While software only mic modelling plug-ins generally fall well short of achieving realistic sounding reproductions of the world’s most popular vintage mics they do provide some interesting tonal variations that for some can be useful in some creative mix applications. If you are looking for hardcore, and in some cases like-for-like virtual mic models then you’ve already passed the systems you should consider. The following software only solutions, though described as microphone modelling solutions, are not going to provide you with accurate results and are not serious contenders in this space but we feel the following are worthy of a mention.
Antares Mod EFX
To setup Antares Mod EFX you match the microphone you recorded with in the source dropdown menu then choose a mic model. Sounds simple, though the results are quite vague as this system doesn’t use a calibrated mic. The controls are a little limited but that’s not to say this plug-in hasn’t got some charm. The tube saturation, proximity effect control, low cut and pattern selector give users a fair amount of tweak-ability, which can be useful in some vocal mixing applications but be under no illusion, while this appears to do the whole mic modelling thing it falls well short of being able to reproduce authentic tones of vintage mics. You need a known calibrated mic to do this properly.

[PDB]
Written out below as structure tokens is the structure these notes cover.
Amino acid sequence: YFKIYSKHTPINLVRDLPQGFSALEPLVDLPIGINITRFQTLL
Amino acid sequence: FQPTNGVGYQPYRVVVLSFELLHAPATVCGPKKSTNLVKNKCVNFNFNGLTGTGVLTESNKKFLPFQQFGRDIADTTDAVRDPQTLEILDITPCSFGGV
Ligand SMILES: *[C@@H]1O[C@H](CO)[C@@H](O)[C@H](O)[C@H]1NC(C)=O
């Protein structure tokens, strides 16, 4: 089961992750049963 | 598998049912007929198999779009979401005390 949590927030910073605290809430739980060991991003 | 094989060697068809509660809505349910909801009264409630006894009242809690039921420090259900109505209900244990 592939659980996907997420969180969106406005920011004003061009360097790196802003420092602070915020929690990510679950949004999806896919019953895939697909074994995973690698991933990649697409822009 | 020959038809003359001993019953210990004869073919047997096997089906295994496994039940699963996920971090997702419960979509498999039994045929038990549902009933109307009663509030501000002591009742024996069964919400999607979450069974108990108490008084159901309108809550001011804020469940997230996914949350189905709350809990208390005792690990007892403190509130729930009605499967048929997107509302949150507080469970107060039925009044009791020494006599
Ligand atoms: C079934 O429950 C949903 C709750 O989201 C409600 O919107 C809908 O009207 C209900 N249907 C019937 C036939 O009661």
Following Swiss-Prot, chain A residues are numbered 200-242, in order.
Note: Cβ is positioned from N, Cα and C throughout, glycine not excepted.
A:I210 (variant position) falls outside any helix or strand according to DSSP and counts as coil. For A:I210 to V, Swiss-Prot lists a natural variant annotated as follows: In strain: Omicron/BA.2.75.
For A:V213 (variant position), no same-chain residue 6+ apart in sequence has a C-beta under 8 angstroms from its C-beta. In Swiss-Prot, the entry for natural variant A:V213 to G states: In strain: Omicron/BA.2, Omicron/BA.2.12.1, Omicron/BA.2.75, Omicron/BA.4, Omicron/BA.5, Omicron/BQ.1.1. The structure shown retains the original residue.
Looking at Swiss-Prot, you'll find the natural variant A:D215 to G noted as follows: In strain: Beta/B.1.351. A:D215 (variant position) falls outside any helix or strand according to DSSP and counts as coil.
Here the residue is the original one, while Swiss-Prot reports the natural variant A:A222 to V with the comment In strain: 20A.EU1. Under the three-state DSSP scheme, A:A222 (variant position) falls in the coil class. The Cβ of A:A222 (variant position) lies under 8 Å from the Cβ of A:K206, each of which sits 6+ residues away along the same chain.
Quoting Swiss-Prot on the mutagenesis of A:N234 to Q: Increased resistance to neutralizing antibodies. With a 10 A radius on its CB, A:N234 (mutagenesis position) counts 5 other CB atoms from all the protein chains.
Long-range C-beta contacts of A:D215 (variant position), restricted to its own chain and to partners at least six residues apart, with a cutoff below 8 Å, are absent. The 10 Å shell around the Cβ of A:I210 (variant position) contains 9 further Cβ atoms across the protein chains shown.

Visit Antares for more information about Mic Mod EFX.
Waves The King’s Microphones
The King’s Microphones were born out of the Waves’ and Abbey Road’s long standing partnership. Though simple in design it provides users with an impression of the characteristics of three historical microphones, which are currently in the care of The EMI Archive Trust. Watch our video to hear how you can use The King’s Microphone plug-in in a typically vocal mixing application.
There you have it. If you want accurate models of specific microphones then you need to use one of the hardware based systems featured in this article that have a known calibrated microphone as the source. Then the software can provide a much more accurate model of a variety of classic and expensive microphones. Note the multi-diaphragm systems will provide a better sound off-axis.
However, if you would like to dip your toe into this world and don’t want to invest in a hardware based solution, then do check out the software only solutions, but be under no illusions, the sounds you get will not be accurate emulations of specific microphones, but you may find that the sound they produce, especially if you experiment with different source microphones, could be the sound you are looking for.